Ruiz draws upon the lives of women, their dreams, aspirations and decisions and gives these issues a platform. She examines the influx of Mexican women into the States before World War II. Her writing also illustrates their responses to the pressures and challenges of adjusting to the newly forming American culture and Americanization of society in general. The women had to live with altered social values during the inter-war period and the end of young Mexican American women who took to chaperoning. The increasing political and social activism of Mexican women and their role in resisting financial oppression as well as their espousal of the cause of feminism through the 1960s and 70s has been faithfully chronicled in the pages of this book.

As yet not much has been documented and published about the activities and importance of Mexican women in twentieth century America. In that perspective this book may be considered as a pioneering attempt to record the contribution of Mexican women in building a multicultural American society. The book is full of interesting anecdotes and tales of how the women struggled to make sense of an alien world, into which they had migrated, and of their efforts to make their lives and of those around them meaningful. The thoughtful way in which personal interviews of Mexican women with very long memories and lots of stories to tell, adds poignancy to the text. The narrative increases the readers’ admiration for the courage and doggedness displayed by these women in their struggle to realize their rights and for a chance to get equal opportunities, work and wages.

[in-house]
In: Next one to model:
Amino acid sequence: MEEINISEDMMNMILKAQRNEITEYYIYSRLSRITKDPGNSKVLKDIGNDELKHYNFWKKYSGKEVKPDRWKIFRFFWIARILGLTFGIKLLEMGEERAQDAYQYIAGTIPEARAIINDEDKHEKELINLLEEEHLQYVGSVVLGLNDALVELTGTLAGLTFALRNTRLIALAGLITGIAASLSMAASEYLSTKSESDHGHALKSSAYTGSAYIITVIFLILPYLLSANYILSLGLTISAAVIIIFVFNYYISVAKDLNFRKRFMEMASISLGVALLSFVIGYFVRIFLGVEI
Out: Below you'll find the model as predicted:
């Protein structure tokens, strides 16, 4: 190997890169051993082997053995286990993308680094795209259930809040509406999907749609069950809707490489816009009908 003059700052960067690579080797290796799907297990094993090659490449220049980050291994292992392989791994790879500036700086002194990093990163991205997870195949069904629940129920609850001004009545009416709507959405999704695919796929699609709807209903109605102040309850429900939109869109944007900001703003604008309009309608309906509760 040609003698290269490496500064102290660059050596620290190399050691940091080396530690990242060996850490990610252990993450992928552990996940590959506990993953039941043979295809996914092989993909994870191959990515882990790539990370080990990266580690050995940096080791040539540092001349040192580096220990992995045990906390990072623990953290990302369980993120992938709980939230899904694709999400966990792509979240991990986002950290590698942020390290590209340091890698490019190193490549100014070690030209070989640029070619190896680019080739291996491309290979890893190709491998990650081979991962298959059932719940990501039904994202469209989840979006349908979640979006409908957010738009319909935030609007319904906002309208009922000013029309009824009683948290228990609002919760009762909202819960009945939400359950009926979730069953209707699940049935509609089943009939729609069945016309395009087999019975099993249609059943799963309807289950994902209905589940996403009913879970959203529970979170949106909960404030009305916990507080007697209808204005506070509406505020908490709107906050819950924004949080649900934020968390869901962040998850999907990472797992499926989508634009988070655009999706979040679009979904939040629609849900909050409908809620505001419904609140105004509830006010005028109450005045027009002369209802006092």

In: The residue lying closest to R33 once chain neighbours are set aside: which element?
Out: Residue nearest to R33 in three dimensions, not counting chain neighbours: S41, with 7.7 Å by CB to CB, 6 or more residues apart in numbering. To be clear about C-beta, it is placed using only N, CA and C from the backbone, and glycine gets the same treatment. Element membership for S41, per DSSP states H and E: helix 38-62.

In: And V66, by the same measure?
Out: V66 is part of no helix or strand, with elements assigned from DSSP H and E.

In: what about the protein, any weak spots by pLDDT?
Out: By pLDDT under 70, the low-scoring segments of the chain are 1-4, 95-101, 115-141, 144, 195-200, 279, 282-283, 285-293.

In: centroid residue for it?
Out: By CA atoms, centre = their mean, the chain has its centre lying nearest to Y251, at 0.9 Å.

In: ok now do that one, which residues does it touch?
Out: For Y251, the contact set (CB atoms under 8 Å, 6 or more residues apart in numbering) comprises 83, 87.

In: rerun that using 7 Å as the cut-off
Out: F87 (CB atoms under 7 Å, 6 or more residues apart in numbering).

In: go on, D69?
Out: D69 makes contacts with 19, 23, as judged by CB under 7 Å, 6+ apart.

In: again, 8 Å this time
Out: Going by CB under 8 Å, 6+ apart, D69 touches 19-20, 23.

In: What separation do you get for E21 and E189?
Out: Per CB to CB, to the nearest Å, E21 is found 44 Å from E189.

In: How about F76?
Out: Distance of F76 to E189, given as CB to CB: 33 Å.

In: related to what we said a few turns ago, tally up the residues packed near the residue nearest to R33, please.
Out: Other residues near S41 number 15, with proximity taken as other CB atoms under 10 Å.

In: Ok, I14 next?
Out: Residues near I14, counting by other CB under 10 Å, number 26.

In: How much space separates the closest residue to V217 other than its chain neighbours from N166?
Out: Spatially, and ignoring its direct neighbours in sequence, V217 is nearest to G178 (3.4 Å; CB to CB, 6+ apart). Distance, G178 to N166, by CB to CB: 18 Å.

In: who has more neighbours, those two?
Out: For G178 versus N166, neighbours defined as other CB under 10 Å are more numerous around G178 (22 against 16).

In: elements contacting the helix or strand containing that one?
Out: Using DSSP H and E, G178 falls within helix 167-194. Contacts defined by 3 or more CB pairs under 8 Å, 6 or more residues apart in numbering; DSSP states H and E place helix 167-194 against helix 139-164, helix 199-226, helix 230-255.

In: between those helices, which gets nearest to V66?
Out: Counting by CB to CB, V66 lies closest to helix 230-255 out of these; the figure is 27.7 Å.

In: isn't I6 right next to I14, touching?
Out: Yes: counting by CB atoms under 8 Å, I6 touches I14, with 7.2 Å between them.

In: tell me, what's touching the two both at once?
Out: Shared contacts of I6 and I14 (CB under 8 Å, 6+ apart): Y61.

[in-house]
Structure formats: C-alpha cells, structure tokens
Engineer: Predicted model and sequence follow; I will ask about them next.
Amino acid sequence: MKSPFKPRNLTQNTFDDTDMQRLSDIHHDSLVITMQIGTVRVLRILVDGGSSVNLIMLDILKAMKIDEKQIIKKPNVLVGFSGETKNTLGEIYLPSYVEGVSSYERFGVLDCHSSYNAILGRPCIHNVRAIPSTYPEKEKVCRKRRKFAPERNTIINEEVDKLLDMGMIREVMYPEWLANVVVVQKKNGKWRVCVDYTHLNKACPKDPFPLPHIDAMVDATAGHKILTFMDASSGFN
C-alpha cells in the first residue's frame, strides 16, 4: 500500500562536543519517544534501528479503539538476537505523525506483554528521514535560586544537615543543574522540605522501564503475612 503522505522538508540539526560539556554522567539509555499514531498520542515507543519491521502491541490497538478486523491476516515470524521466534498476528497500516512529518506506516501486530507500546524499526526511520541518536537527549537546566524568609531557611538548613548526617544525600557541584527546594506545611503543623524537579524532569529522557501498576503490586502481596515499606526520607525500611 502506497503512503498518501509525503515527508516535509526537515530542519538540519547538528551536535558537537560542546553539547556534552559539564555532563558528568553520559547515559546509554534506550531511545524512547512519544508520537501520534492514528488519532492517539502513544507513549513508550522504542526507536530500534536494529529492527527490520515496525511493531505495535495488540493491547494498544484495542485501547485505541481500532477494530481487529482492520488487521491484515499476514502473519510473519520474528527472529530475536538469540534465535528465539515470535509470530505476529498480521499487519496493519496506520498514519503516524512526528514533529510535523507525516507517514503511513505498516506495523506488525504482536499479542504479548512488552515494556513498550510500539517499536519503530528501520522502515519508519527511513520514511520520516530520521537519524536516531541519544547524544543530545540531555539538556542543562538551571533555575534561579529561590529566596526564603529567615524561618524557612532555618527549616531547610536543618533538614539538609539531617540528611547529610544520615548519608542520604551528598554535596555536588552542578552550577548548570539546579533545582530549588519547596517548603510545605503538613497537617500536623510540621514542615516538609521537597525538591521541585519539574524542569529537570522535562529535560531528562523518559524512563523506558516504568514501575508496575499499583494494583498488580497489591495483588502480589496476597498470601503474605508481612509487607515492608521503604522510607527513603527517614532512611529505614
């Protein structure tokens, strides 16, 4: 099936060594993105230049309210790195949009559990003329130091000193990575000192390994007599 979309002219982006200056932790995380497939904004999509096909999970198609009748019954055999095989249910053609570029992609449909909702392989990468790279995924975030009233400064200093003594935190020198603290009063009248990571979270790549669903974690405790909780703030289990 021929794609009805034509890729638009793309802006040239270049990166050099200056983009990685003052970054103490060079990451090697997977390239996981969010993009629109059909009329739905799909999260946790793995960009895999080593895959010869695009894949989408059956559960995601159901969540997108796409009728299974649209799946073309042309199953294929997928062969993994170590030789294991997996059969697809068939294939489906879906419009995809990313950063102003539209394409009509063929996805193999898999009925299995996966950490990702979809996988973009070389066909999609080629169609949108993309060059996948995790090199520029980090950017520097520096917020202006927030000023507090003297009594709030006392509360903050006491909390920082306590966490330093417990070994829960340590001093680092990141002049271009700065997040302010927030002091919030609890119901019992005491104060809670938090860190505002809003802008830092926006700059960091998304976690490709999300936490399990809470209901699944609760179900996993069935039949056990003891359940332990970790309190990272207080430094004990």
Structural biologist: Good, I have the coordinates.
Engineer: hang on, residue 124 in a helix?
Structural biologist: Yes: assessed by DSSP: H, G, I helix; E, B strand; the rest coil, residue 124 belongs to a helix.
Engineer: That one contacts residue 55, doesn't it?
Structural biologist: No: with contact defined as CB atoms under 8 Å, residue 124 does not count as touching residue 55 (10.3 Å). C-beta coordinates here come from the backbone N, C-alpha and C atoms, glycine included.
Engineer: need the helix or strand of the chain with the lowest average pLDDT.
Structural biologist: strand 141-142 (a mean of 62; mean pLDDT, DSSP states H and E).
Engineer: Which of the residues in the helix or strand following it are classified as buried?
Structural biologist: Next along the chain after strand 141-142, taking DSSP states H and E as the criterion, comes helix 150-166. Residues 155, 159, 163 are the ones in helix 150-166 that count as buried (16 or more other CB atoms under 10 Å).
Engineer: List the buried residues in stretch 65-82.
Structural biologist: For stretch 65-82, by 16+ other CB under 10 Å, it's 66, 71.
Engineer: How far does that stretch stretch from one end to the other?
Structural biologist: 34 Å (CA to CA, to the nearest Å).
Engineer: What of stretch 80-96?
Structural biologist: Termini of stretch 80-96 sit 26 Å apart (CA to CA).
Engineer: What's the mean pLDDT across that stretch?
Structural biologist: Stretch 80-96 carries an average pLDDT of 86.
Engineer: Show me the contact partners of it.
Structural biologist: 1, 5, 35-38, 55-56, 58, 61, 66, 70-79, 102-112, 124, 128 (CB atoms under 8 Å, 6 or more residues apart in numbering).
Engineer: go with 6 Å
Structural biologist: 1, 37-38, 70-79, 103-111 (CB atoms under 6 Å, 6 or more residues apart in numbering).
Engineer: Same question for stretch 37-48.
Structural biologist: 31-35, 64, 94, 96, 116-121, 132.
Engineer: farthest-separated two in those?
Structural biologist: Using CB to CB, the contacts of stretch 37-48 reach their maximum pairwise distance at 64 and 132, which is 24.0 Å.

To present an unbiased analysis of the book one must draw attention towards some of the draw backs in the book as well. While this is a monumental effort to chronicle the contribution of Mexican women and the integration of Latino people to the American society it becomes hard to comprehend the frequent use of jargon that impacts the flow of the narrative. In portions the author becomes too involved in the account and loses sense objectivity and neutral research. Ruiz, however, admits that she has written “from the heart” (p.xii) and this kind of impassioned approach may appeal to a good many of her readers. Readers looking at this book as a traditional source of historical data may find this approach subjective and a bit unconventional. It must be emphasized here that the data collected and recorded in this book is of great importance to students of American history and to all those generations of Mexican-American people who have now become assimilated in the multicultural American society.

The book will find a ready readership amongst scholars in who are taking courses or researching in the areas of Diaspora, immigration and ethnic studies. It is also an asset for teachers who have to teach courses in this filed. This book is of special interest to women all over the world and to anyone who wishes to learn about the Mexican settlers in America and the contribution Mexican-American women have made to the development, organization and sustenance of Latino culture in the American society. Through the pages of this book Vicki Ruiz has truly rescued the Mexican- American woman and drawn them From Out of the Shadows.

Work Cited:

Ruiz, V.L. 2008. From Out of the Shadows: Mexican Women in Twentieth Century America. New York: Oxford University Press. Print.